We are more likely to get sunburnt in Ireland than on holidays abroad – and here's why
Our lax attitude to sun safety is a major health concern according to experts.
With another summer of staycations upon us, and more and more of us choosing to spend time in our gardens, exercising outdoors and meeting friends in local parks, staying sun-safe in this new world is as important as ever.
Worryingly, recent research from La Roche-Posay has highlighted that despite the recommendation, our attitudes to sun safety in Ireland are far from where they need to be. In fact, the study showed that Irish adults are far more likely to get sunburnt here in Ireland than when on holidays abroad.
In fact, almost eight in 10 adults claim they always/mostly use sun protection on a typical sunny summer’s day abroad, but this drops to just over half of adults that adopt the same approach and always/mostly use sun protection on a typical sunny summer’s day in Ireland.
Worryingly, almost 1 in 5 believe the sun in Ireland is not strong enough to pose a real health risk.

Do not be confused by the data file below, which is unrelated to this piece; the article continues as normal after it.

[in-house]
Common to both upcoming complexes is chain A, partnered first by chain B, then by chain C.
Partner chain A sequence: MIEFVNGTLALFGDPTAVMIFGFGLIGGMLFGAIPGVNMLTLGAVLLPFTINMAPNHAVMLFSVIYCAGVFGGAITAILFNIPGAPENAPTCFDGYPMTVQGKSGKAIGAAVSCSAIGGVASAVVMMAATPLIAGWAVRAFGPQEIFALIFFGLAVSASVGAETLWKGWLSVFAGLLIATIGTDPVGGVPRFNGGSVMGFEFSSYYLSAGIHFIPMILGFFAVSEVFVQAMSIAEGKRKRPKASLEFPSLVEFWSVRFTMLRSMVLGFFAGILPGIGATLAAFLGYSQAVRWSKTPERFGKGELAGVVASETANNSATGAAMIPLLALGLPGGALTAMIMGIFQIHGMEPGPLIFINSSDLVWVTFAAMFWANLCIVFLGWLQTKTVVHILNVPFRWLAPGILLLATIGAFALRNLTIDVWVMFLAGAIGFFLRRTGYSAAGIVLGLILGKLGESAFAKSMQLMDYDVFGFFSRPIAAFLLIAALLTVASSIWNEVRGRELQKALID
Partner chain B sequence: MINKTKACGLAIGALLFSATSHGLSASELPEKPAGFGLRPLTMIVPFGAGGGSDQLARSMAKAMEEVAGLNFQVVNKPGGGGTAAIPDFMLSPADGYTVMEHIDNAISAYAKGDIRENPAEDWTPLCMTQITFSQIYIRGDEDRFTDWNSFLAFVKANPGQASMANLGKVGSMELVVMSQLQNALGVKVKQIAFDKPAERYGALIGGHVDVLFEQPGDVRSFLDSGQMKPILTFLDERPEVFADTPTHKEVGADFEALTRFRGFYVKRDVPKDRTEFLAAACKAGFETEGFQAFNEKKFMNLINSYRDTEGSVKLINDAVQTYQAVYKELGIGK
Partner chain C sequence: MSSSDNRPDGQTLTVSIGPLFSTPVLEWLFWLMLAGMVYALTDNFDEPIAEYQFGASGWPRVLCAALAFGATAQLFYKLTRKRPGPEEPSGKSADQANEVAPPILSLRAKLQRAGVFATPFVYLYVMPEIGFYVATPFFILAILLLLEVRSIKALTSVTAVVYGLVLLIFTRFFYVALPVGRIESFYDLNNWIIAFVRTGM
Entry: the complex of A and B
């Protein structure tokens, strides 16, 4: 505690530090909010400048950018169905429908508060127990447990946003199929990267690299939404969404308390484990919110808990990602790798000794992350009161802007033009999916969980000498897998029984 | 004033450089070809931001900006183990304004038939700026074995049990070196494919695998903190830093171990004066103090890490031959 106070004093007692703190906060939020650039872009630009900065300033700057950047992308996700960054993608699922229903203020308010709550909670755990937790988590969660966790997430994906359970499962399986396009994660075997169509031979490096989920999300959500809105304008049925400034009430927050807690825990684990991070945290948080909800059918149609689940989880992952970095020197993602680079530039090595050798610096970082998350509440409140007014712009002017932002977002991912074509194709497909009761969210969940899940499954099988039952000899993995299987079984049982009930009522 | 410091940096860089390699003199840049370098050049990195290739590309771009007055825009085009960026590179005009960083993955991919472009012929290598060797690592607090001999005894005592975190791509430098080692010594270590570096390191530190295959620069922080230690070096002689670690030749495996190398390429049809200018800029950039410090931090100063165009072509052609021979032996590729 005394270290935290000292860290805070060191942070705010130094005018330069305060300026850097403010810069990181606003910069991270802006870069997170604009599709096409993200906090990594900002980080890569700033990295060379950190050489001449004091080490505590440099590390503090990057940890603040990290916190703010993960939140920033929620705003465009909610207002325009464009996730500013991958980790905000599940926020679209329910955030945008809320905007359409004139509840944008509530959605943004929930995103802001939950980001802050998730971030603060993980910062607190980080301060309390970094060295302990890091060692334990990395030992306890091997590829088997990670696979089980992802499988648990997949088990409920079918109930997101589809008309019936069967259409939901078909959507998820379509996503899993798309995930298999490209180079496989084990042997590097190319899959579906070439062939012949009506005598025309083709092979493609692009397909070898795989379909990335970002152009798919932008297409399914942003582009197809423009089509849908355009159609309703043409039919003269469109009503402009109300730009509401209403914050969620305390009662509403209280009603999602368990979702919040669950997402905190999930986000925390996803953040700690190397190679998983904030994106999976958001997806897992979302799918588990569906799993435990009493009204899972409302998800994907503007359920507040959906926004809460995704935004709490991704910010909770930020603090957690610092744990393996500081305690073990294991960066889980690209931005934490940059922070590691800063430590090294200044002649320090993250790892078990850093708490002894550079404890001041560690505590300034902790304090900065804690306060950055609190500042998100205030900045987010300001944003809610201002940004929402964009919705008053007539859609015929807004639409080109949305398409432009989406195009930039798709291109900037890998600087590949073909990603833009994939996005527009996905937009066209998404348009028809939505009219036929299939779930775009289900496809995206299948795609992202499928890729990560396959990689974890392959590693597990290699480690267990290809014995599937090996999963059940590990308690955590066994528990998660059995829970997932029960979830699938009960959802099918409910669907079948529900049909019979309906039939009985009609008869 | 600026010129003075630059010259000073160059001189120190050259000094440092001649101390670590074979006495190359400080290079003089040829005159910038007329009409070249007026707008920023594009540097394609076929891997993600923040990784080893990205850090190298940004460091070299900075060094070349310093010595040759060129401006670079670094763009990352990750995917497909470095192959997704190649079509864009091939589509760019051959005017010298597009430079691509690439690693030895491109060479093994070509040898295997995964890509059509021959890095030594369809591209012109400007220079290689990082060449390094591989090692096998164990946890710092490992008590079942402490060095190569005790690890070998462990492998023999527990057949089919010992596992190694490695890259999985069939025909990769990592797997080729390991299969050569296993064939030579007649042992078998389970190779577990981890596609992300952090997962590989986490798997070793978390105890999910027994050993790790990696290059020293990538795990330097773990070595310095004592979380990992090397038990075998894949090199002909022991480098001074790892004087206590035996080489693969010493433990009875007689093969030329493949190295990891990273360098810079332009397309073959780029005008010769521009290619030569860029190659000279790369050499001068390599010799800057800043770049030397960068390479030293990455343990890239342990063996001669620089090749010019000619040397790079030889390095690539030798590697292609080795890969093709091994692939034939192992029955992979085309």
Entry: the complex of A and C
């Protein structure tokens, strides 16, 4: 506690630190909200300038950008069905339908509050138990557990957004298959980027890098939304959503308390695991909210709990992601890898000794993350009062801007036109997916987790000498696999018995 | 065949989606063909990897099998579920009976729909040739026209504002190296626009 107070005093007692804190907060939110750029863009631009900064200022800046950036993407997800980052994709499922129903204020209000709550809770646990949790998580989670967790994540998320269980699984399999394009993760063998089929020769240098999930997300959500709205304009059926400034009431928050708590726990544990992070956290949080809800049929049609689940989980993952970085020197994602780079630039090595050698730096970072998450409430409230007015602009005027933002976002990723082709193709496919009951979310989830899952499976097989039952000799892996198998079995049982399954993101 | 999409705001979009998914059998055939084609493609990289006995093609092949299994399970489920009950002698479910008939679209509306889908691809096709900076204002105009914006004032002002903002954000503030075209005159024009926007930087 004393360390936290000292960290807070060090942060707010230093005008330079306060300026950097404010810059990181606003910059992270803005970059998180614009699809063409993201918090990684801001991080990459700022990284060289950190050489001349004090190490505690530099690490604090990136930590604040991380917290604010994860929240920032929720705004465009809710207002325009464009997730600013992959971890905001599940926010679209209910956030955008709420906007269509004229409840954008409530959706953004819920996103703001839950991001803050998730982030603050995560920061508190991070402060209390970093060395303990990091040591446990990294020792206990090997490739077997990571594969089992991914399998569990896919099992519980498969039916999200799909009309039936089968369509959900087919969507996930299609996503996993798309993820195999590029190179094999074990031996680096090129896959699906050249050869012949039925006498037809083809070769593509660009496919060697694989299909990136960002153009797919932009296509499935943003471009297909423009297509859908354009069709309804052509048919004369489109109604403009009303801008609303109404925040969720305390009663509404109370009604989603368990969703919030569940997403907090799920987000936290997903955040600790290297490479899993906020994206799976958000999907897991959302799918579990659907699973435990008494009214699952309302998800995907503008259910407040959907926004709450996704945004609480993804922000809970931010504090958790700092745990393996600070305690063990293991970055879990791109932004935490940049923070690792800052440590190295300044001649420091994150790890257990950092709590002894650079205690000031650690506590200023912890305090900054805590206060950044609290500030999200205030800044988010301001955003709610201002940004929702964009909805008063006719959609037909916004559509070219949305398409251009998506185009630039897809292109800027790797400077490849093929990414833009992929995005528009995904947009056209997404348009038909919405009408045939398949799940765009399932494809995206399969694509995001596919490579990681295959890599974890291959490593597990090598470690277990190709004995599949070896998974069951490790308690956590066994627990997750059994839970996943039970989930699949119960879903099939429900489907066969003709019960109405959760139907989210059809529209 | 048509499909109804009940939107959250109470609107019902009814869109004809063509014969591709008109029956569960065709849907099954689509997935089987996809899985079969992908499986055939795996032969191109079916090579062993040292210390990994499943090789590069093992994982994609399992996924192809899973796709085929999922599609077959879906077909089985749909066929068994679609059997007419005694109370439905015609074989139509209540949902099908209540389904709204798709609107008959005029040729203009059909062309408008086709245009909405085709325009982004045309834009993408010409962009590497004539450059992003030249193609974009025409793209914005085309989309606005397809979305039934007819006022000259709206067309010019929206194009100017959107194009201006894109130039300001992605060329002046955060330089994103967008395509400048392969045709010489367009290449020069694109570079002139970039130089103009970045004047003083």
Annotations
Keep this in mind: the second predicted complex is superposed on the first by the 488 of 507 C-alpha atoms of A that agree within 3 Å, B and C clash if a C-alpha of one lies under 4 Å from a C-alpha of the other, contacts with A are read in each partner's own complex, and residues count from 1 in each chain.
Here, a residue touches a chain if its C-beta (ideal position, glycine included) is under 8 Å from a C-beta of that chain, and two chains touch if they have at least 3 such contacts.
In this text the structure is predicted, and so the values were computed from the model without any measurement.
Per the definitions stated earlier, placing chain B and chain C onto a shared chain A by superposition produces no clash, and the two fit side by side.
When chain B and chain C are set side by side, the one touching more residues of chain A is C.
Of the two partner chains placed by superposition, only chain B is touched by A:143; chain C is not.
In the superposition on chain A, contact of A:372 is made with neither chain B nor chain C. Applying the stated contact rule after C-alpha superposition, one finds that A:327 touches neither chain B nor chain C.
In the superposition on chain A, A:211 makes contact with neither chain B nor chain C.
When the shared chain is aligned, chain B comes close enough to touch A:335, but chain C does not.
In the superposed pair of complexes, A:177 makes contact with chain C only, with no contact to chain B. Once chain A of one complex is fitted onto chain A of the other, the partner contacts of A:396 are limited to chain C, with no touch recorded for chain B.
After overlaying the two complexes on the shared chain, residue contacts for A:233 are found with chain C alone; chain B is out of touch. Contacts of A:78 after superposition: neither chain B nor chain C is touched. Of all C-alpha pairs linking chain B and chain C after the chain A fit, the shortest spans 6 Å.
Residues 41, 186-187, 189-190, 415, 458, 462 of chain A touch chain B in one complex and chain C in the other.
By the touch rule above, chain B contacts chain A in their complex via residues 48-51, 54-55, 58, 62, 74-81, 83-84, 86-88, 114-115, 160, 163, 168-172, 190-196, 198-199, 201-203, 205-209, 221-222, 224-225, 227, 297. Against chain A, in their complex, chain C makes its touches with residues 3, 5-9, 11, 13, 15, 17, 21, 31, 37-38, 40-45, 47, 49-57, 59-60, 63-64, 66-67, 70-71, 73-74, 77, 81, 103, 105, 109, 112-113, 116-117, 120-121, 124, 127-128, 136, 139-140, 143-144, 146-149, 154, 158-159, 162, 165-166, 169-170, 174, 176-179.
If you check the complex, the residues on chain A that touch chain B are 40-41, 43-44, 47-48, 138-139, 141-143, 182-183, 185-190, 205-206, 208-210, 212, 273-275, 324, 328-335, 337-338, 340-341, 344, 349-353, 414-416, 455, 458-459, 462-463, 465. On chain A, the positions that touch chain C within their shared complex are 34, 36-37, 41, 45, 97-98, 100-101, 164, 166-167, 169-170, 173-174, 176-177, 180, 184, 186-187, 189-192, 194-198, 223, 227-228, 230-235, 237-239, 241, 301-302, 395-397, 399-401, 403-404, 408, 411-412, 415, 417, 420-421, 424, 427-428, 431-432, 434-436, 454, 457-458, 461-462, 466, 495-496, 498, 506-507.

However, the UV index in Ireland – which provides a daily forecast of the expected intensity of UV radiation from the sun –was, on Thursday 3rd June 2021 a 7 – and hence classified as ‘High."
Experts with La Roche-Posay claim this relaxed approach to sun protection is causing serious damage, and those most at risk at the 18-24-year-olds.
“As a nation, our attitude to sun care is worrying, with so few complying to health guidelines around SPF, particularly evident with statistics showing over 30% of people suffered sunburn in Ireland over the last year," says Professor. Niki Ralph, Consultant Dermatologist.
"With over 13,000 cases diagnosed in Ireland each year, skin cancer is Ireland's most common cancer. Fortunately, skin cancer is also one of the most preventable forms of cancer. About 90 percent of non-melanoma skin cancers and 85 percent of melanoma cases are associated with exposure to ultraviolet radiation from the sun.
"I cannot stress enough the importance of wearing a broad-spectrum, high factor SPF daily. We must practice safe sun at home in Ireland, just as we would if we were holidaying abroad. Look for both UVA and UVB protection indicators on labels and opt for SPF 50+, such as La Roche-Posay’s Anthelios range.”
GP Dr Laura Lenihan says:
“Just because it’s cloudy doesn’t mean it’s safe. Up to 80% of the sun's harmful rays can get through cloud cover, so even on an Irish staycation this summer it’s important to look out and be sun aware.
Educate yourself on the risks. Much like you check the weather, you can check the UV index daily as well - just because it's not heating up, does not mean the sun is not doing damage, especially here in Ireland. The higher the UV index, the more dangerous the sun's rays are.”